Native Skeptic

Native Skeptic
Apache Crown Dancers 1887:

A Special Message For All New New Visitors

For those of you who may be unfamiliar with this site, please feel free to read my "Diary of a Native Skeptic" page, especially if this is your first visit.

Wednesday, November 20, 2013

The Rain Dance: Myth and Truth

Culture has the remarkable ability of influencing our perspectives of things without us even being aware of it. Some things get engrained into our minds during our childhood that we simply do not ever think to question.  Sometimes we assume things that are a part of our popular culture are true, but rarely ever look into them for ourselves. Some things are so old that we assume they have always been there. Introduce the notion that some things are also to be considered as sacred, and therefore questioning them is considered to be an act of disrespect that is often discouraged by shaming, and you have the recipe for conjuring up a belief that can go on to take on a life of its' own because when the legend gets printed in our minds it becomes fact in our lives. In this special case, I decided to dive into the surrounding beliefs of a subject commonly associated with Native culture that is most often taken out of context and misrepresented, the Native American Rain Dance.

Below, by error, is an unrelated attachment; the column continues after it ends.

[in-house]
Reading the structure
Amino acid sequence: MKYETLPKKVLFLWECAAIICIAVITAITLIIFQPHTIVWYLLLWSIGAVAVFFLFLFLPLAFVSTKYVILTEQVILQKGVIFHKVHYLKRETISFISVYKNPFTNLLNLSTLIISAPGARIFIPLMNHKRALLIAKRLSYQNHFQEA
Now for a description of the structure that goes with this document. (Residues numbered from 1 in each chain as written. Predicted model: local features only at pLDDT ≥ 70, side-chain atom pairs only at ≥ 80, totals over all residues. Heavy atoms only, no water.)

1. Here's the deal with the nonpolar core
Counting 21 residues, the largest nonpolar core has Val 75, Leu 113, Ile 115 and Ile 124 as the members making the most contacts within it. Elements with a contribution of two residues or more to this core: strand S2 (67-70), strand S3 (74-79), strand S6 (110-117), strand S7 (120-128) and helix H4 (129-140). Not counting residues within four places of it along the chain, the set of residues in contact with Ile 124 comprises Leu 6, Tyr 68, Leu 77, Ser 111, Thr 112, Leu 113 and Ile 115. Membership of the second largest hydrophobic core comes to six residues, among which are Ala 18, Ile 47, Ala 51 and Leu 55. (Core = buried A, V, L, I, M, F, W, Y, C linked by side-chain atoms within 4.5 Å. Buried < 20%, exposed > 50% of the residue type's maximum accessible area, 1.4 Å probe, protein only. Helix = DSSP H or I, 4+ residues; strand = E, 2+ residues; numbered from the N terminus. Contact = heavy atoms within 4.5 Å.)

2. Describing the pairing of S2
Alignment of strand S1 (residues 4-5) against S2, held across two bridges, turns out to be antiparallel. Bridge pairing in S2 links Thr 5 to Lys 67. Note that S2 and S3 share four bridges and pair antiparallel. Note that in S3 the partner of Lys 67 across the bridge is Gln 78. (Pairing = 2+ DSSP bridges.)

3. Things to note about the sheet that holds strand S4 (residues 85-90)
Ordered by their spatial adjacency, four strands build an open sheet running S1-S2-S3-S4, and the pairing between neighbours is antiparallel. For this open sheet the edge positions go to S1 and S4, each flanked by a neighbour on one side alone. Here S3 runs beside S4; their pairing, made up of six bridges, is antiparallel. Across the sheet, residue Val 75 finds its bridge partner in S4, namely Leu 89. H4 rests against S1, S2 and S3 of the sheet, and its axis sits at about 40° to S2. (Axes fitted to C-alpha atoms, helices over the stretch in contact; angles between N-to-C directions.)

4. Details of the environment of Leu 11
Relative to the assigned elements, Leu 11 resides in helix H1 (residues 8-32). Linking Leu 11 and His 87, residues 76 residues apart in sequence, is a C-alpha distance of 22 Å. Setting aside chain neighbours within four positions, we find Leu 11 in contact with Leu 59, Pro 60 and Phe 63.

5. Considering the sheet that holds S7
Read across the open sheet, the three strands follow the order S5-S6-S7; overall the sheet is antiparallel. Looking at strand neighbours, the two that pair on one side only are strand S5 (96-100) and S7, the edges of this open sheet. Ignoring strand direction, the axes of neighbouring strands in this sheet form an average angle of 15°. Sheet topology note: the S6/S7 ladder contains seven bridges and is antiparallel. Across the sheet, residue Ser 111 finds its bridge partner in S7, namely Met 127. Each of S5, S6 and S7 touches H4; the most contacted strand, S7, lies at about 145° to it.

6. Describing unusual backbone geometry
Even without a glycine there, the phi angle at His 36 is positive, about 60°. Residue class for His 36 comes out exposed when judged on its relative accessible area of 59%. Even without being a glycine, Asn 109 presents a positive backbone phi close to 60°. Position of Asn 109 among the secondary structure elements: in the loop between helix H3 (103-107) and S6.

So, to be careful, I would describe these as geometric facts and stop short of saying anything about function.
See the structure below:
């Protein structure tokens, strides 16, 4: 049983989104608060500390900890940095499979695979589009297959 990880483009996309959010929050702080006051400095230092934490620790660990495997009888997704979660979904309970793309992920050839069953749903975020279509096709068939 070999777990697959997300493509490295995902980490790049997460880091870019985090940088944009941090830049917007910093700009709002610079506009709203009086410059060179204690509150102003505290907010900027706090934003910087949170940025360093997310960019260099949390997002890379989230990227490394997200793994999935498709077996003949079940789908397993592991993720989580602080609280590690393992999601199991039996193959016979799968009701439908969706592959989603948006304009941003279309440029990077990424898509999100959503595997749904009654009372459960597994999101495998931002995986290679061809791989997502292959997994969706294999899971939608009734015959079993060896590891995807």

"As I began to look into the situation, it became apparent that it stems from a fundamental misunderstanding of Native American religion." (Nez 2013)

*The Myth of the Rain Dance
first appeared in the Skeptical Briefs, Volume 23.1 Spring of 2013 edition It can also be accessed online at:

No comments:

Post a Comment